You've probably heard a lot about title insurance after the housing bubble and the mess in the chain of titles since. Title insurance is a relatively boring, but must-have insurance, and perhaps one of the best values in all of the insurance world. Title insurance protects you from virtually every peril associated with the ownership of your home and property. As you may already be aware, a title is required to show ownership and change of ownership for real estate. On that title may be liens (from a mortgage company or municipality) or other claims.
As expected with high value transactions, there can be plenty of errors in record keeping. Some records may be centuries old, with land tracts divided up, sold, borrowed against, and taxed over the course of generations. By purchasing title insurance, you protect yourself against other claims of ownership on your property, or any unknown liens.
Chain of Title
Each title begins with the first owner and extends through all the owners down to the most recent. Also listed on the title are reconveyances, or proof that the land is paid off after sale. If you were to buy a home and accompanying real estate in 1970 with a 30 year mortgage, a reconveyance would be placed on the title in the year 2000.
Sometimes reconveyances aren't recorded accurately and the title shows that the land has yet to be paid off. After discovering this issue, the bank may check its records. Unfortunately, even the lending institution may have poor records, and decide to sue for eviction, foreclosure, and ownership of the property. This is where title insurance comes into play.
In the above case, an owner with title insurance would be protected from the lawsuit and the value of the home at the time of the case.
Three Types of Insurance
Title insurance brokers have three types of coverage: owners, lender's and extended coverage. Owners title policies cover six issues: clear titles, incorrect or nonexistant signatures, forgery and fraud, improper records, restrictive covenants, and various judgments and liens.
These policies became critically important after the explosion in mortgage-backed securities and post-loan sales of mortgages. Banks routinely sell mortgages to other banks and investors. During this time, new records are recorded and some are recorded incorrectly. Also, during the real estate boom, a number of loans were made with falsified documents. Title insurance protected those buyers.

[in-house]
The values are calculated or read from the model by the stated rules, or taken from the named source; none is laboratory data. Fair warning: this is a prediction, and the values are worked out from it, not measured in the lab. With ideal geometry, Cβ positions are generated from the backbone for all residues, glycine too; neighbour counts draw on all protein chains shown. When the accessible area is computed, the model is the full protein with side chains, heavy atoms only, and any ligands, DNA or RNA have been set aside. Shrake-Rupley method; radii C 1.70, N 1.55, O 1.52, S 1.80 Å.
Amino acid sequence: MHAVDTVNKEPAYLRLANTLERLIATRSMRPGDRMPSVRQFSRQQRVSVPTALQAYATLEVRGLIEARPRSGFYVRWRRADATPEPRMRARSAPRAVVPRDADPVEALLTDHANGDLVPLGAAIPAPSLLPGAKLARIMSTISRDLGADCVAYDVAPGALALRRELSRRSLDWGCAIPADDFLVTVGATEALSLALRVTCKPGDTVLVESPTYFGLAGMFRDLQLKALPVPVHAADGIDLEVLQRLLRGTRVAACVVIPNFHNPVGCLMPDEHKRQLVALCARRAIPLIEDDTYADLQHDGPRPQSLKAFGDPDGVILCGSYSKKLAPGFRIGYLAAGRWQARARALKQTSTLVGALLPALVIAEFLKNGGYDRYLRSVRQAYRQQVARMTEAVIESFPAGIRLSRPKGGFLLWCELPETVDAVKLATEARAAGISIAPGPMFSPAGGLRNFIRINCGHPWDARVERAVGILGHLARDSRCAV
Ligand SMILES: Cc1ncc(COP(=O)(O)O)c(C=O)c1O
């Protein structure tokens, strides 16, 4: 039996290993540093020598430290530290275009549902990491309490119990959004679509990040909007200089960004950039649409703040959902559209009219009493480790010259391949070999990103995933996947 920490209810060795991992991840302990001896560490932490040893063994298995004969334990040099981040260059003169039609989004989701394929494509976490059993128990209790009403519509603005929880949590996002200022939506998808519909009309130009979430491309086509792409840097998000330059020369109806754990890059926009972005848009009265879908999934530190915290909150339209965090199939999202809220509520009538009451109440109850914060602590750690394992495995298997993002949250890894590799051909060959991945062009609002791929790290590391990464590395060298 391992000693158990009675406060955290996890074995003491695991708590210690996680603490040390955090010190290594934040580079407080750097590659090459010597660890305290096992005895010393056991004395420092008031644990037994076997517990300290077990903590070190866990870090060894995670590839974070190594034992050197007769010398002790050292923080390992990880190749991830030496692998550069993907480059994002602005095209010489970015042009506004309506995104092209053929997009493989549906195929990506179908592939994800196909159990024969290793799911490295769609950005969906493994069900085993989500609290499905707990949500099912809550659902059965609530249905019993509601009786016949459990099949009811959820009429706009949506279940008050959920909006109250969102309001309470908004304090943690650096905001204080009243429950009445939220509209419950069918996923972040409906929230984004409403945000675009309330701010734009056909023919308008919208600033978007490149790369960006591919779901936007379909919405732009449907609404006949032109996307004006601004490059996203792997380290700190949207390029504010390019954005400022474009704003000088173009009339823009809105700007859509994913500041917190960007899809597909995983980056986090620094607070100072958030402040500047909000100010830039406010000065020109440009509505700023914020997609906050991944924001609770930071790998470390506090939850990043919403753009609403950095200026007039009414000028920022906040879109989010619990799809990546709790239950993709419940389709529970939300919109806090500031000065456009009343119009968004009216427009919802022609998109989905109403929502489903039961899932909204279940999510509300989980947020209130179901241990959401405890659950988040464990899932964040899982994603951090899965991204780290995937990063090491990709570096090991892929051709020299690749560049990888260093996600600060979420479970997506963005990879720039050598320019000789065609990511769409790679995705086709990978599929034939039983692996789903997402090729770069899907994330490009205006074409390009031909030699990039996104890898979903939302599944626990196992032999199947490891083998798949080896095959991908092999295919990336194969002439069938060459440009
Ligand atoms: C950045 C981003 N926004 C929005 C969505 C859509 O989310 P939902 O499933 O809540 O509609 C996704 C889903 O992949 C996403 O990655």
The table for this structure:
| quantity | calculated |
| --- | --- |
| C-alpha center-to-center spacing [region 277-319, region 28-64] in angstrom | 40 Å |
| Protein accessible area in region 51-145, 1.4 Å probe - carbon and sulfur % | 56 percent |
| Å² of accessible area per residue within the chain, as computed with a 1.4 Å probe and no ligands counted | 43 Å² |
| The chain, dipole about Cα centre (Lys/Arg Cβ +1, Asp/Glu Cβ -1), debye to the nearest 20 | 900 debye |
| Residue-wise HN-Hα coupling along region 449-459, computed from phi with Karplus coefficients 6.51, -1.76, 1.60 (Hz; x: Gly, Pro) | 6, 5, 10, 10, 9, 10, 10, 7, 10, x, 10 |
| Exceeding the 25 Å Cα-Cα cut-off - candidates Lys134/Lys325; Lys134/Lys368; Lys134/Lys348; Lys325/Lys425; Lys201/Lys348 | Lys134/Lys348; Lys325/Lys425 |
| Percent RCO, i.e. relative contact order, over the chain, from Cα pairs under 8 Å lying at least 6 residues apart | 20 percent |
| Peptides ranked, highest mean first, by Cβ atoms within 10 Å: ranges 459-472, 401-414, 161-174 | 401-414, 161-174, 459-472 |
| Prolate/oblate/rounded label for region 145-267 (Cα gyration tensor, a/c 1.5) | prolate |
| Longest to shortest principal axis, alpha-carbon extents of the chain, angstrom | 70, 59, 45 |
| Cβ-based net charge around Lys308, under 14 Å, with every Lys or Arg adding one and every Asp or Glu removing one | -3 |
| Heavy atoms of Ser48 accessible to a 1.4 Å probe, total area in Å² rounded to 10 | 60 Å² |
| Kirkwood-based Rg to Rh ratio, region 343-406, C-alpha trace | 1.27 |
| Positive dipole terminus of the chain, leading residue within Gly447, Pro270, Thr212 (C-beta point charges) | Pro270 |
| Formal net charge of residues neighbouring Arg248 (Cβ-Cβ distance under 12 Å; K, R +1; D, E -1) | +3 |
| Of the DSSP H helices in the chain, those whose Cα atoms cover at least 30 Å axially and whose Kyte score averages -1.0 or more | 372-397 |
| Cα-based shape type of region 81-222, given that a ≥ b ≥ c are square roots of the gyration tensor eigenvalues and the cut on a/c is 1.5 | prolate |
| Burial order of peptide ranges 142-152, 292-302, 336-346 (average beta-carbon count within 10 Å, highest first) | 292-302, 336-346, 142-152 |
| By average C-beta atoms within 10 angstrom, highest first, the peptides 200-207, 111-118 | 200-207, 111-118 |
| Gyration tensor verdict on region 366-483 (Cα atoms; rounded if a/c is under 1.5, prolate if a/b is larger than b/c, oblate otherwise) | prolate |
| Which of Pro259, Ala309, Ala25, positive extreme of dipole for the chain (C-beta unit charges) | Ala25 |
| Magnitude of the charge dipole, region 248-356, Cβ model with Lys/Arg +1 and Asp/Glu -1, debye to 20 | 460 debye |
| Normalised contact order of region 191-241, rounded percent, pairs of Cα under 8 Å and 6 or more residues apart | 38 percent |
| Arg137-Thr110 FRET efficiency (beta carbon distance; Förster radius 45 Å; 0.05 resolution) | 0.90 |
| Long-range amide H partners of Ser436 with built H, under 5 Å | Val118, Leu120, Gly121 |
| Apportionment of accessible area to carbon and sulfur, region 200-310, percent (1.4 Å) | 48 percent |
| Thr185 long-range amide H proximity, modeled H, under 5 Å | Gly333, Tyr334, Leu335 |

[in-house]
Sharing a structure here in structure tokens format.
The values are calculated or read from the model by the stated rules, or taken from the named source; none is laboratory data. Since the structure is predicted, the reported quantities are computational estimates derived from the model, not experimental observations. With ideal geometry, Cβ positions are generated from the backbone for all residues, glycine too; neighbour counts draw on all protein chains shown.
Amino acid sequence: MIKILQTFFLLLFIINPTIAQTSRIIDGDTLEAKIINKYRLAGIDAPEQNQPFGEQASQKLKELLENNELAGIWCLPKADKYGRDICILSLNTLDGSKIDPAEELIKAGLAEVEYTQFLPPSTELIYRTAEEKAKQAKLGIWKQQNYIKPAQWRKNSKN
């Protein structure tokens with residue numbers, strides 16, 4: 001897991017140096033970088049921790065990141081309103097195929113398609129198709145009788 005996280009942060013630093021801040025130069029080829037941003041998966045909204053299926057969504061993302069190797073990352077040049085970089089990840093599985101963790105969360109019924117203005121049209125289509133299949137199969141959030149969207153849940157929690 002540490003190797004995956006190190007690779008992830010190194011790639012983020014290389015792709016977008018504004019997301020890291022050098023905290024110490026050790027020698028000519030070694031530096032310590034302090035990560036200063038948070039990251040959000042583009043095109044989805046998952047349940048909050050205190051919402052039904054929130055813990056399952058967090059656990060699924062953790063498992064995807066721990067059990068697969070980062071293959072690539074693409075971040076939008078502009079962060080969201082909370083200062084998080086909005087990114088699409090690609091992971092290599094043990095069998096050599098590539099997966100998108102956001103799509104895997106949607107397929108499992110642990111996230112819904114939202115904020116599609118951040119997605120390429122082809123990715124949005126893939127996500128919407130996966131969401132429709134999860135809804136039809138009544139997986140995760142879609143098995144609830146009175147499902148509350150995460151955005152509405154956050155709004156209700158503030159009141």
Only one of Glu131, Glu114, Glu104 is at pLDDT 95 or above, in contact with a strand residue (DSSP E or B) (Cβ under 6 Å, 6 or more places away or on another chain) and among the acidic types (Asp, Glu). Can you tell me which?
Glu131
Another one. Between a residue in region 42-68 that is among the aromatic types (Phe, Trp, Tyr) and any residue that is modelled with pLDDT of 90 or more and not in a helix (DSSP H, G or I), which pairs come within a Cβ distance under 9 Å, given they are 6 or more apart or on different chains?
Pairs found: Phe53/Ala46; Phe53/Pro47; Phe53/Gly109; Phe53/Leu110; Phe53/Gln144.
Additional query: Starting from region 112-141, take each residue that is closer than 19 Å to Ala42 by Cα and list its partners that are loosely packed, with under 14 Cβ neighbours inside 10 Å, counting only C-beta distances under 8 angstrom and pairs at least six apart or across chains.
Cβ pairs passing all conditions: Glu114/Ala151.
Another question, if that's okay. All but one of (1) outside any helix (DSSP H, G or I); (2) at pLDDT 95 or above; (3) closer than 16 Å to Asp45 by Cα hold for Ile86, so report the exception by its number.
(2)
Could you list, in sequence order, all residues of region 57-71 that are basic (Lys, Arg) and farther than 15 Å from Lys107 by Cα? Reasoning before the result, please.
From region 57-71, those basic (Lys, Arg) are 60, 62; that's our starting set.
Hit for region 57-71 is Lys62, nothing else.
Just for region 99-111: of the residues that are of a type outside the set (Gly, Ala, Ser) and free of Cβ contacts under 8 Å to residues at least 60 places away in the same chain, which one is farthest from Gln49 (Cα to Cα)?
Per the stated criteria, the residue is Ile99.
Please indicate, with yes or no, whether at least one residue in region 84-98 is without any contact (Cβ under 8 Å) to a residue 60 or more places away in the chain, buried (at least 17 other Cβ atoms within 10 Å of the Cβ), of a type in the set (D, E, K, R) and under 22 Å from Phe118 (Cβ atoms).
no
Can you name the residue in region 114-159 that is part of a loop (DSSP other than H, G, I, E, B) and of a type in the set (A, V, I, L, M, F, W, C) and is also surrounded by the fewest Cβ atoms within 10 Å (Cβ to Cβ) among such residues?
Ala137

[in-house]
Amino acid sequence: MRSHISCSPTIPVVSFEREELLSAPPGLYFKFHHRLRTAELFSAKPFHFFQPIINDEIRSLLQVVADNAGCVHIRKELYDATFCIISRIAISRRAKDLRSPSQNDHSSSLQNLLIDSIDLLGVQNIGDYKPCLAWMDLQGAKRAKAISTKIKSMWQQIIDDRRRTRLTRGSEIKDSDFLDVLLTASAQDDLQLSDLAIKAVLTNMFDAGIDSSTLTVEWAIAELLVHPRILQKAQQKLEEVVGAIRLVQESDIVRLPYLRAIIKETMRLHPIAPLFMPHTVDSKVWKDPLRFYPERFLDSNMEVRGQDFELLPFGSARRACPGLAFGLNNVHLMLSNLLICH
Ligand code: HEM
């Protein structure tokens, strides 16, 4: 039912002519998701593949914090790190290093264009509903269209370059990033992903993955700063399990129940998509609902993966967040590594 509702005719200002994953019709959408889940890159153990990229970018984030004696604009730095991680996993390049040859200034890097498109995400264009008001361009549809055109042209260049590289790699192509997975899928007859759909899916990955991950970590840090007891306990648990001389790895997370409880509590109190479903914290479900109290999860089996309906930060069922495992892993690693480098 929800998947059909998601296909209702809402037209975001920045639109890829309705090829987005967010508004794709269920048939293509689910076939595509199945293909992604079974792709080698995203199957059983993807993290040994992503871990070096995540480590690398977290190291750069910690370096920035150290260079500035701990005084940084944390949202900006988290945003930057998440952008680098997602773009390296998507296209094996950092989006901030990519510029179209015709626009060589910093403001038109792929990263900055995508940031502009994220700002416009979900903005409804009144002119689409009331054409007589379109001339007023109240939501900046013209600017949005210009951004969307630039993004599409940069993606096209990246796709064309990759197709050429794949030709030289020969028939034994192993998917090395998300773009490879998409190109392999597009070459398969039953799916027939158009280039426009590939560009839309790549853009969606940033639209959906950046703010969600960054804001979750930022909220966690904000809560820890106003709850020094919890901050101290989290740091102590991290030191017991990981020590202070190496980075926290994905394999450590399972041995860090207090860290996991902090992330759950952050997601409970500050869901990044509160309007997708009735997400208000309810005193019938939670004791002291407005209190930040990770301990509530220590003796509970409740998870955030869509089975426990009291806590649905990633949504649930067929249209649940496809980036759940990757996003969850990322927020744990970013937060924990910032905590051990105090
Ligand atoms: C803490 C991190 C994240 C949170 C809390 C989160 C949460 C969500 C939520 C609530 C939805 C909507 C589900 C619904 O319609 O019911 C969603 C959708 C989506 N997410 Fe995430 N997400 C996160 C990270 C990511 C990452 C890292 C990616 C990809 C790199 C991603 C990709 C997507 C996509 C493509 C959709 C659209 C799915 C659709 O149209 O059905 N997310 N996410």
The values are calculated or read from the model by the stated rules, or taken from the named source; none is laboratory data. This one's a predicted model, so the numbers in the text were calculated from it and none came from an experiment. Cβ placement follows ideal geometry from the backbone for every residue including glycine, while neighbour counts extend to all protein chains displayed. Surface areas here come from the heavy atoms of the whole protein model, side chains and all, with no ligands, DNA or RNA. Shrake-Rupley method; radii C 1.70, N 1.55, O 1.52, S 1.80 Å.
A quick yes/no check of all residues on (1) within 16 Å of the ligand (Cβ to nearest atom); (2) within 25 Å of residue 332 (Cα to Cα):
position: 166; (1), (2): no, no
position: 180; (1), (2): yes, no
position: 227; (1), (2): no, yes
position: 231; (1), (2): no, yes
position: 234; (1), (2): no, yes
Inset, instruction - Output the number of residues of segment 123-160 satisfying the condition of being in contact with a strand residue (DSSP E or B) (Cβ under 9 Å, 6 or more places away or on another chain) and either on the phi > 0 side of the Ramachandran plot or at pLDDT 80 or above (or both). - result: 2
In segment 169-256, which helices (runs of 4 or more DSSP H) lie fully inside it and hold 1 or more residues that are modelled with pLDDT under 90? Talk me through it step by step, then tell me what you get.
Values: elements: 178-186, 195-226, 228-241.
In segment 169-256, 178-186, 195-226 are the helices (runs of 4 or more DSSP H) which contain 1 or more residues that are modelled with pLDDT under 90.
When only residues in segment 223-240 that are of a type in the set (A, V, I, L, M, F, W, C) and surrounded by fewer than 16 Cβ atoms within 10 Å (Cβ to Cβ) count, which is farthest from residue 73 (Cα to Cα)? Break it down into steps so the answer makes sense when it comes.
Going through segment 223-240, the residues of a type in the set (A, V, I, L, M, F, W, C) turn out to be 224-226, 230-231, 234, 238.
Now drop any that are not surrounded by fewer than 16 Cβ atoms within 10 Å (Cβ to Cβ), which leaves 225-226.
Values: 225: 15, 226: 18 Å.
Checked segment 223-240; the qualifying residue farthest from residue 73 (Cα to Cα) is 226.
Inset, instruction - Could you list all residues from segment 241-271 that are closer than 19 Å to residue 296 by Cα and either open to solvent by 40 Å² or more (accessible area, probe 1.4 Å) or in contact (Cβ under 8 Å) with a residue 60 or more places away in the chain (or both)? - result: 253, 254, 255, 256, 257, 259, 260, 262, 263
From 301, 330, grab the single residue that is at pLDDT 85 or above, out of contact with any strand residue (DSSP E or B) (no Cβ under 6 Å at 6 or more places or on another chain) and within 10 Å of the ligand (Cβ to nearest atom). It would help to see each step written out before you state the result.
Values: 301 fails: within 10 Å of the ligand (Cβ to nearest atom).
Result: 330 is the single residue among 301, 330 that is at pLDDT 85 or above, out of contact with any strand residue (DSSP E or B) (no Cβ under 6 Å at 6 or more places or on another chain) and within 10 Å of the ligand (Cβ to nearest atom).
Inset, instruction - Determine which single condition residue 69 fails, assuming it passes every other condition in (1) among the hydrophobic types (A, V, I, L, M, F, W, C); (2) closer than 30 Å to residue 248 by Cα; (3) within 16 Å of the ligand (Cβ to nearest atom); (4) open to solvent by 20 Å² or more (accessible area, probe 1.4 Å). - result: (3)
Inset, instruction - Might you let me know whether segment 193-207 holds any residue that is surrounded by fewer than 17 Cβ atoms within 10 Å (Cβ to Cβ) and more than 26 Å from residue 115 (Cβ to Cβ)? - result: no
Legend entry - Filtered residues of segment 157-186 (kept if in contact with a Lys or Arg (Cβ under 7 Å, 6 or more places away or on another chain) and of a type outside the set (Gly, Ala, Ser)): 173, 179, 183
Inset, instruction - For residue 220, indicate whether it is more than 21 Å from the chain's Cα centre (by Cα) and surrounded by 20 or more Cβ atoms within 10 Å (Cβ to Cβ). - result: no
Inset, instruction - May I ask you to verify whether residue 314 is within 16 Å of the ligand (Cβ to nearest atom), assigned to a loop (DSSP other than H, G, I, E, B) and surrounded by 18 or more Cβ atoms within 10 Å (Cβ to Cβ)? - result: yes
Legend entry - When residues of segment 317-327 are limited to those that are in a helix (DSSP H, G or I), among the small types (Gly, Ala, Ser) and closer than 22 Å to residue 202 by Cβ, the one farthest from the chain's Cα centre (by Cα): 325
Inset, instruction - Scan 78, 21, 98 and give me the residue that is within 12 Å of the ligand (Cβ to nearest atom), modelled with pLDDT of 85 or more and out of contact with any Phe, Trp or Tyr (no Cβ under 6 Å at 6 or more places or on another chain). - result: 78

Next are extended owner's policies that cover building permit violations, subdivision map errors, living trusts, structural damage from mining or digging, forgeries plus the incidents listed in the basic coverage.
Lender's title policies help protect the lender. These policies include three major protections: mechanic's liens, access and easement rights, and problems in record keeping. Lenders have little interest in making loans against homes on which there are existing liens, thus title insurance protects their hundred thousand dollar investments for mere pennies on the dollar.
Insurance That Lasts Forever
Title insurance policies last forever. Believe it or not, you pay the premium once, and then never again. The coverage extends for as long as you own the title to the property, and in the future against any other possible problems, errors, or omissions. Of all the insurance you can purchase for your home, there is perhaps no other insurance that is as inexpensive and that provides so much coverage.
Some localities require that the purchasing party buy the insurance while others dictate the seller purchase the title for the buyer. In other places, the premium or fee is split.
The amount that is paid for coverage depends on the previous sale prices, number of owners and the type and location of the real estate. High valued property will have larger old liens. Property located by a mining operation may have suffered damage from mineral rights uses. No matter how many variables come into play, title insurance remains the most inexpensive insurance sold.